Introduction to Scientific Visualization

Special Graduate Course

Autumn 2006

The art of visualization centers around helping people explore or explain data through software systems that provide static or interactive visual representations. Visualization designers exploit the high bandwidth channel of human visual perception to allow people to comprehend information orders of magnitude more quickly than they could through reading raw numbers or text. Visualization is useful for detecting patterns, assessing situations, sharing data, and steering simulation. Understanding, and, ultimately, knowledge cannot be delivered directly from computation. Visualization is the tool through which computation presents a face to an end user and, by so doing, is allows the user to derive knowledge from data.


During the past 20 years the world has experienced an “information big bang”, an exponential explosion of data. New information produced in the two years since 2003 exceeds the information contained in all previously created documents. Of all this new information produced since 2003, more than 90% takes digital form, vastly exceeding information produced in paper and film forms. But raw information is by itself of questionable value. We are continually challenged to make sense of the enormous growth and onslaught of information and use it in effective and efficient ways.


Among the greatest scientific challenges of the 21st century, will be to effectively understand and make use of the vast amount of information being produced. Our primary problem is no longer acquiring sufficient information, but rather making use of it and sharing it in a collaborative fashion. If we are to use information to make discoveries in science, engineering, medicine, art, and the humanities, we must create new theories, techniques, and methods for its management and analysis. By its very nature, visualization addresses the challenges created by such excess – too many data points, too many variables, too many time steps, and too many potential explanations. Thus, as we work to tame the accelerating information explosion and employ it to advance scientific, biomedical, and engineering research, visualization will be among our most important tools. This course aims at introducing to scientist, engineers, as well as practitioners in medicine the basic fundamentals of data visualization. During the course, we will focus on the following topics:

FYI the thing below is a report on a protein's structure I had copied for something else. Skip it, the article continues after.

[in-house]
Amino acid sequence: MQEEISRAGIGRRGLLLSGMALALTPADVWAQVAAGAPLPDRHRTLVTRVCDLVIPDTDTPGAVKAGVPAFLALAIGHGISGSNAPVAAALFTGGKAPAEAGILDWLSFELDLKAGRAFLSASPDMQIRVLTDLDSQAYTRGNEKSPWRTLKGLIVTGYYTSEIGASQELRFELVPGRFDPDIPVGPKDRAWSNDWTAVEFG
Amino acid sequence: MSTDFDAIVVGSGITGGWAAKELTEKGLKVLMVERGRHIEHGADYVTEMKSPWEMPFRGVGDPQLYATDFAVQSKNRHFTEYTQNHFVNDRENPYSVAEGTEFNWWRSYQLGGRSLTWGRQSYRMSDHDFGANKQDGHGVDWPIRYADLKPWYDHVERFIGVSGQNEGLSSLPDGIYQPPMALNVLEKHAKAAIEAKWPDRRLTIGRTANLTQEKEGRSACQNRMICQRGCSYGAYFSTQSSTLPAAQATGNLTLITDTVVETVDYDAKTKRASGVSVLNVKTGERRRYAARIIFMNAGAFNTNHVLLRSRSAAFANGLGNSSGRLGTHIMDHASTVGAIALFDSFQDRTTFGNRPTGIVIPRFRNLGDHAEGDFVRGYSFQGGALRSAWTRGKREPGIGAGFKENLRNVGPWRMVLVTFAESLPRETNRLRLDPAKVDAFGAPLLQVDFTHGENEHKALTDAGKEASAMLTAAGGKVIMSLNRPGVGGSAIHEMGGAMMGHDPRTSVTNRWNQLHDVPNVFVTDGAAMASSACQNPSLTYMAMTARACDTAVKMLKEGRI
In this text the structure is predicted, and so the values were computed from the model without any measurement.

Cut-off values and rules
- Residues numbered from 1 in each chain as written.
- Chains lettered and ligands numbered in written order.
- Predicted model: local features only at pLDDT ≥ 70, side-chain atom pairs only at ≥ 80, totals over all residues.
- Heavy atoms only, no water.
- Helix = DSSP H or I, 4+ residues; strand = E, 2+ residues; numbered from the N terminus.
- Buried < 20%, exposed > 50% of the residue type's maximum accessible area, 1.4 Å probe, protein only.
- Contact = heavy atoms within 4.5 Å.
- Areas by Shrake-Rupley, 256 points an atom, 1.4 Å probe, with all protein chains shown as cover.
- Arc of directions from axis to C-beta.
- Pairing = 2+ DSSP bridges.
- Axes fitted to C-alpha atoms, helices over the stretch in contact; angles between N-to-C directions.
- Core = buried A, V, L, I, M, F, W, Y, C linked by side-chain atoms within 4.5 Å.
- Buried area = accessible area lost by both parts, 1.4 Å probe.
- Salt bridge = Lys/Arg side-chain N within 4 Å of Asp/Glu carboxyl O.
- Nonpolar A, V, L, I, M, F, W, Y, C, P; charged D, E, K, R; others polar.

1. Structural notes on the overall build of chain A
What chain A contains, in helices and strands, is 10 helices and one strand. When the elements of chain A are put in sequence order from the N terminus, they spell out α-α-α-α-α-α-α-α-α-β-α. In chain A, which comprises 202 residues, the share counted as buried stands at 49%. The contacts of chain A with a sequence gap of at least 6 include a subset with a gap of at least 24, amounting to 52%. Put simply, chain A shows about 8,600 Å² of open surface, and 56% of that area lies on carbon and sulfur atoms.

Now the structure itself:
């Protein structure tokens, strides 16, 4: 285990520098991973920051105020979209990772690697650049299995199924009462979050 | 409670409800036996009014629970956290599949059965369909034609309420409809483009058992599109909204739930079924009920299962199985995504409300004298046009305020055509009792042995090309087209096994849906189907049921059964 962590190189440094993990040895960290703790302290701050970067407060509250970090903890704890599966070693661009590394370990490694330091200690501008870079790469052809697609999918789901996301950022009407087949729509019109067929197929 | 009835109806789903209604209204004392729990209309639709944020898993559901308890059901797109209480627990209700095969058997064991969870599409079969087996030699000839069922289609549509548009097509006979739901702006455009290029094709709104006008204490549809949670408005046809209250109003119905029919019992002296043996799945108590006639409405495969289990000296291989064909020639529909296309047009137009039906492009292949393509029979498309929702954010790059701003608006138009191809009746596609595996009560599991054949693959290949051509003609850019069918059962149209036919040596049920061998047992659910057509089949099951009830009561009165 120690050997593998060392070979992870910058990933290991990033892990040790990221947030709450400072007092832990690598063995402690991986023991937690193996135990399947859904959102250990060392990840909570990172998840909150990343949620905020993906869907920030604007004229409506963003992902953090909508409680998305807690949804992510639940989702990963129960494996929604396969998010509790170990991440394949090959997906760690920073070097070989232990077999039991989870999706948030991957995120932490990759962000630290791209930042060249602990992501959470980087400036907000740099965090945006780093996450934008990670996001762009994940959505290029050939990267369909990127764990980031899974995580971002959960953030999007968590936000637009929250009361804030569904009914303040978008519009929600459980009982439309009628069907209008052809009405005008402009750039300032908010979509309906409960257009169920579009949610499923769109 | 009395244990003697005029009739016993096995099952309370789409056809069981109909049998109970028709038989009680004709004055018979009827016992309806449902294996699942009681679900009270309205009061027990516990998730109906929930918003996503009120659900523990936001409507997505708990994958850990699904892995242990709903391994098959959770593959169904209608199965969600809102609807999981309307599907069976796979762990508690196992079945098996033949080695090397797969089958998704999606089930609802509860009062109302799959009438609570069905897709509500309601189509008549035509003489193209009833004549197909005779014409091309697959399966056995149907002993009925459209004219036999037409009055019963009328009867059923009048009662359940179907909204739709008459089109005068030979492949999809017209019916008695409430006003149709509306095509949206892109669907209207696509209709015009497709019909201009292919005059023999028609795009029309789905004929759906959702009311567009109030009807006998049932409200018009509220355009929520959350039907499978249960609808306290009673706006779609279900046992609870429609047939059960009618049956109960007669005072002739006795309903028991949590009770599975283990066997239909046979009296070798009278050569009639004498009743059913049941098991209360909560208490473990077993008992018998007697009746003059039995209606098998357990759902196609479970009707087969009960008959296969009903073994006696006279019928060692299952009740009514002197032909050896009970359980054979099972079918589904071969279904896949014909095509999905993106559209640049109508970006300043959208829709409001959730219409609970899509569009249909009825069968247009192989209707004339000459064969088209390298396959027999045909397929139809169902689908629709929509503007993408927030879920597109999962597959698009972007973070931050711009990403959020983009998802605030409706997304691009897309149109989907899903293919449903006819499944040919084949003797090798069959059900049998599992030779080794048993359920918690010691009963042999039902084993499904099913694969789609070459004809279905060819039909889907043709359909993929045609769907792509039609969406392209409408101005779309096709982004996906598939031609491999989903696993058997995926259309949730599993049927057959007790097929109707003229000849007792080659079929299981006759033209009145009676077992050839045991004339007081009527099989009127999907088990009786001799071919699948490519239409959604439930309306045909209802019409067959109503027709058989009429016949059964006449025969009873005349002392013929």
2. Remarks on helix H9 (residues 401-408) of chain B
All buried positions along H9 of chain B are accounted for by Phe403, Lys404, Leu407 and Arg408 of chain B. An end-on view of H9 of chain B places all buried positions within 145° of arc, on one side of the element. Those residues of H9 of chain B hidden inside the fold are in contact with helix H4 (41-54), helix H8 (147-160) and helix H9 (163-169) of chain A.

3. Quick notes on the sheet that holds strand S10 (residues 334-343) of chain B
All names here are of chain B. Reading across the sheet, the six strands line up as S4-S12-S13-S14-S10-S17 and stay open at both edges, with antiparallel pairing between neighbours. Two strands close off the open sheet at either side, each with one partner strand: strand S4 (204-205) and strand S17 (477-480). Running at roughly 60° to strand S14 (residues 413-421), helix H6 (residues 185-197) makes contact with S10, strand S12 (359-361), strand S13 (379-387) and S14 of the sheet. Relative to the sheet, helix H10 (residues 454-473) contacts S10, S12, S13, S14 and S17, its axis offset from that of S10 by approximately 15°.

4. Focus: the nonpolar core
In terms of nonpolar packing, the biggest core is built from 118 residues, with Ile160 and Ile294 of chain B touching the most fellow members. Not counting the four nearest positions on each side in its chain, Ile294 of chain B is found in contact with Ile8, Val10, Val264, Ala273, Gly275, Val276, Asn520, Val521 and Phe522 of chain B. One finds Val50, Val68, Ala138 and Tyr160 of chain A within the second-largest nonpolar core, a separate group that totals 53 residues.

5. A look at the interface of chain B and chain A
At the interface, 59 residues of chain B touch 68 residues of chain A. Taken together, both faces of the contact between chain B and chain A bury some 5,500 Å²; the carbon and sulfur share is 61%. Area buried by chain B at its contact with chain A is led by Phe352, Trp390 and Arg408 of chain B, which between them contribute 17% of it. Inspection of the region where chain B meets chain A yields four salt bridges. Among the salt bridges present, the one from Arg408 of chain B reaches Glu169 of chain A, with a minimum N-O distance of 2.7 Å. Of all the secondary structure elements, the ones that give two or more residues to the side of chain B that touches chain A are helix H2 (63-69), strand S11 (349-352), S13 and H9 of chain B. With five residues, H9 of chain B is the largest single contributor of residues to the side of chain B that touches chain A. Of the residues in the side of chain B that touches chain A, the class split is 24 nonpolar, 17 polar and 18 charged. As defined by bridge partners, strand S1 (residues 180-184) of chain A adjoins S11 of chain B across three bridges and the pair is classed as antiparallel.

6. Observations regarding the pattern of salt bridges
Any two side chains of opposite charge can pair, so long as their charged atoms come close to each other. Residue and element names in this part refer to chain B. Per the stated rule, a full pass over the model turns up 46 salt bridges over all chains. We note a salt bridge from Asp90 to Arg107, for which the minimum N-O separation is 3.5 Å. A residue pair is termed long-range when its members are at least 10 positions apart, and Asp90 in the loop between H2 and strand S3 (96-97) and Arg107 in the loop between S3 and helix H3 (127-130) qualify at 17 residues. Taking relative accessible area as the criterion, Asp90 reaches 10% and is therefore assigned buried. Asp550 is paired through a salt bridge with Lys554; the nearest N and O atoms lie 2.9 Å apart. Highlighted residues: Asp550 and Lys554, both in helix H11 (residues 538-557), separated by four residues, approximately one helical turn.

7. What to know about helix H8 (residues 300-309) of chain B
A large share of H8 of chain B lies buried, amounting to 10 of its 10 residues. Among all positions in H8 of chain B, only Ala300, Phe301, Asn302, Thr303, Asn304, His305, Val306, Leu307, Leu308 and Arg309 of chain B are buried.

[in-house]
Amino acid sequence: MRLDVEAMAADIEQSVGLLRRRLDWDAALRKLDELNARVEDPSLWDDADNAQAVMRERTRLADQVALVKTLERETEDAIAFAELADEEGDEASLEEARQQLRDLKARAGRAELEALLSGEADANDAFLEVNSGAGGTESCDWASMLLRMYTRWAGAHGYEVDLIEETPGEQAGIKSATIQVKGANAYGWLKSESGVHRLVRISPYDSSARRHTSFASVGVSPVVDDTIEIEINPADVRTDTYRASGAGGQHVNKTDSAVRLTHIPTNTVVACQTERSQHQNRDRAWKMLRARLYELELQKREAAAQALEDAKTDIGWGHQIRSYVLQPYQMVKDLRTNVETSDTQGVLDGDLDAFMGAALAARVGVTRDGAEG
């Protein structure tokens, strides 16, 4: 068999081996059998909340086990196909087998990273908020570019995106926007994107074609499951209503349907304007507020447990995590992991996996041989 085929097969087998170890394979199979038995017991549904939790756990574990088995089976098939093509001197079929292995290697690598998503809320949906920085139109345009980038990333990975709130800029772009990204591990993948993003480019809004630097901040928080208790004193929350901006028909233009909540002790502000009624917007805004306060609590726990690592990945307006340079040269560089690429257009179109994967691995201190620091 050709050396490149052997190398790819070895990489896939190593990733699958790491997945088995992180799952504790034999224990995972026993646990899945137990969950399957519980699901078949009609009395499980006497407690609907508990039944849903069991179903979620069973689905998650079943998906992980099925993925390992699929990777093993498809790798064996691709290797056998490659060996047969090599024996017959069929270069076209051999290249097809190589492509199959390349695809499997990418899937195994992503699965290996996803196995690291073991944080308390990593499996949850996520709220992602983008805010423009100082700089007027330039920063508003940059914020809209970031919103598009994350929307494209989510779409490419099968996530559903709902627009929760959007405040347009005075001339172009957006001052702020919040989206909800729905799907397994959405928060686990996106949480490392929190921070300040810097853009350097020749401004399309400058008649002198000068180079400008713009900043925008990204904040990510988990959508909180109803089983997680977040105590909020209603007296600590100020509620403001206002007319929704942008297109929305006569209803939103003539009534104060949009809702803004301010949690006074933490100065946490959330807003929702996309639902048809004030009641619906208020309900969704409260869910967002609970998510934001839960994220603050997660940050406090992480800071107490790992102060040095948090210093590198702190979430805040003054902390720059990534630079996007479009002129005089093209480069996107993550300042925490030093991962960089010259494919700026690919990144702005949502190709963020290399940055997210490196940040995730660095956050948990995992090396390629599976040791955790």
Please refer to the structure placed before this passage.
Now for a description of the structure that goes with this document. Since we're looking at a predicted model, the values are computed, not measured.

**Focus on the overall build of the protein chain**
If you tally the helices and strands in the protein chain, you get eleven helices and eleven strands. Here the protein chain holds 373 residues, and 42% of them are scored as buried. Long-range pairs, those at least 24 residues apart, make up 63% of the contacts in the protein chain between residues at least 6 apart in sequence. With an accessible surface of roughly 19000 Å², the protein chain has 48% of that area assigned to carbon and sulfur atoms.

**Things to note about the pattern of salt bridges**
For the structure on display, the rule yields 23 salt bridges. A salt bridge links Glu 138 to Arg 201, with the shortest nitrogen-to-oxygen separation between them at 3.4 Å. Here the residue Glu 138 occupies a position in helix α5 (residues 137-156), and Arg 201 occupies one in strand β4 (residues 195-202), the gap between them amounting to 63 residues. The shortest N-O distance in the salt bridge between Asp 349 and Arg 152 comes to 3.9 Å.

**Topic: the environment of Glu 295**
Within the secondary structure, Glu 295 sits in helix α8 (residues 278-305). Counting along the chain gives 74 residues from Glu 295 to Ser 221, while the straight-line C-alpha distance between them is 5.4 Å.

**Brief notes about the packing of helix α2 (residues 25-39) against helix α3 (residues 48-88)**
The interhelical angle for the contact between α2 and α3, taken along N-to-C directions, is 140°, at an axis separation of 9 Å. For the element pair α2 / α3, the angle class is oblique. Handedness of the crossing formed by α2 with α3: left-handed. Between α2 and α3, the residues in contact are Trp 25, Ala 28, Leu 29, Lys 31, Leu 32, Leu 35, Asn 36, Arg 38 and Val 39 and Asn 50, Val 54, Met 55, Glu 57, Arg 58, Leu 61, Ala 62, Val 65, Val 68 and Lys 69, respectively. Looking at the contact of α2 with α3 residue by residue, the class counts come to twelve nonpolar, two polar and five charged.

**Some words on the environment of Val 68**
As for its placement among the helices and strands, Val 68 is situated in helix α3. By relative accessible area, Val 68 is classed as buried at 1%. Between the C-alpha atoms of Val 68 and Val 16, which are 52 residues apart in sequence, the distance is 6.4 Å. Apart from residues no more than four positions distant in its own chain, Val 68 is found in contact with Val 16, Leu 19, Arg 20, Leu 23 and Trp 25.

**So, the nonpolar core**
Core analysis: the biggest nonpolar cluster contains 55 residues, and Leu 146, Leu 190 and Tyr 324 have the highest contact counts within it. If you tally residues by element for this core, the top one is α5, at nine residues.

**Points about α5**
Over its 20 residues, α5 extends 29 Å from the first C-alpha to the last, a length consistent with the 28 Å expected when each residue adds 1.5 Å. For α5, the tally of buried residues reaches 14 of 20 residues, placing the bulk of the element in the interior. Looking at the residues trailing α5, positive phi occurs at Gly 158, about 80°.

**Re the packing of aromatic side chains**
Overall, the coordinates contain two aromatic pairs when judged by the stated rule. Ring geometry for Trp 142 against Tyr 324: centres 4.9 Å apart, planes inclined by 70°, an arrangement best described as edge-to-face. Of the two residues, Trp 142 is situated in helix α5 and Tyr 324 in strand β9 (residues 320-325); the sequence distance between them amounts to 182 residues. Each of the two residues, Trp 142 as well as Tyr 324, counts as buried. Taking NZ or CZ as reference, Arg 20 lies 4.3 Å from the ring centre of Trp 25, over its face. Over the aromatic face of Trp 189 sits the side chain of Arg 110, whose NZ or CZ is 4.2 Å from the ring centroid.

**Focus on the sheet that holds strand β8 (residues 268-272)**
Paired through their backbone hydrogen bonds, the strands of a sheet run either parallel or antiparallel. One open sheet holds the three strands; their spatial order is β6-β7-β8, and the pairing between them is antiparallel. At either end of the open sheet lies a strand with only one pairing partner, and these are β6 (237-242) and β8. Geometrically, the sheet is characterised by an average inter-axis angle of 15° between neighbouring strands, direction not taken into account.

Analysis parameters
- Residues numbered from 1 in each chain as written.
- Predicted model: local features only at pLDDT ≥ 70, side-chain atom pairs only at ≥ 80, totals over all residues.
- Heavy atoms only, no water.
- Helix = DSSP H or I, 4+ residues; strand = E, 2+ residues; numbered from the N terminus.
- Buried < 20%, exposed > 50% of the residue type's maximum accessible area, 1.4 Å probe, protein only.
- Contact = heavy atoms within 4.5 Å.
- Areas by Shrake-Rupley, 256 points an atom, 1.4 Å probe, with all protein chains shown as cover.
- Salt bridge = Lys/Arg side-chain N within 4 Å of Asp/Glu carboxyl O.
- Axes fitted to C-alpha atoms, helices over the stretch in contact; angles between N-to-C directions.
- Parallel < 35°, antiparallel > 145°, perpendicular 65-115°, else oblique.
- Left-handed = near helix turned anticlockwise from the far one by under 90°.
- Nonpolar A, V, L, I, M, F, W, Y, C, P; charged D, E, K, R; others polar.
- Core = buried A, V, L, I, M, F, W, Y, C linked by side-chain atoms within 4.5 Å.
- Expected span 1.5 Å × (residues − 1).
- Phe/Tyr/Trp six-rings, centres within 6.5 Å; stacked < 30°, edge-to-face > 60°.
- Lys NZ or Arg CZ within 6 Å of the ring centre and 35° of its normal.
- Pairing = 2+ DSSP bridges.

Basic knowledge of computer graphics and parallel programming is an asset.


There is no specific textbook for this course. We will provide notes and scientific papers.

Several downloadable documents from Kitware that describe VTK, Paraview, and VolView will be used as part of teaching the use of a visualization toolkit. These include the Paraview user's guide, and the VolView user's guide. A description on how to get Paraview, VolView, and VTK can be found here.


The students will be evaluated based on three criteria:


  1. Class Participation: Class participation will count for 10% of the final mark. This will include presenting papers in class and to work on small assignments performed during class hours.


  1. Project: The project is where the students get really evaluated; it will count for 60% of the total score. It has to be a significant peace of work that needs to be approved by the instructor. Project scope can range from implementing algorithms presented in scientific publications or new ones as long as the scope of the work does not exceed the time limit of the session.


  1. Project Report and Presentation: Each student will have to write a final report on their project in the form of a ten pages paper in IEEE double columns format. In addition, the student will have to make a 20 minutes presentation of their work during a special workshop that will be organized during the term. This will count for 30% of the final mark.






All students must complete a term project. Students must work individually. The project consist of the various aspect of sensor based 3D modeling using photo-grammetry and range sensors.  The results on the projects are to be demonstrated near the end of the term as part of a presentation to the class. A final paper is also required. Eac


h student must complete a term project.   Details on the projects can be found on the web. The results on the projects are required to be presented near the end of the term. Completion of the project is a requirement for the course. Failure to submit your project before the last day of classes will result in a failing grade. In addition, a demo must be given at a scheduled time.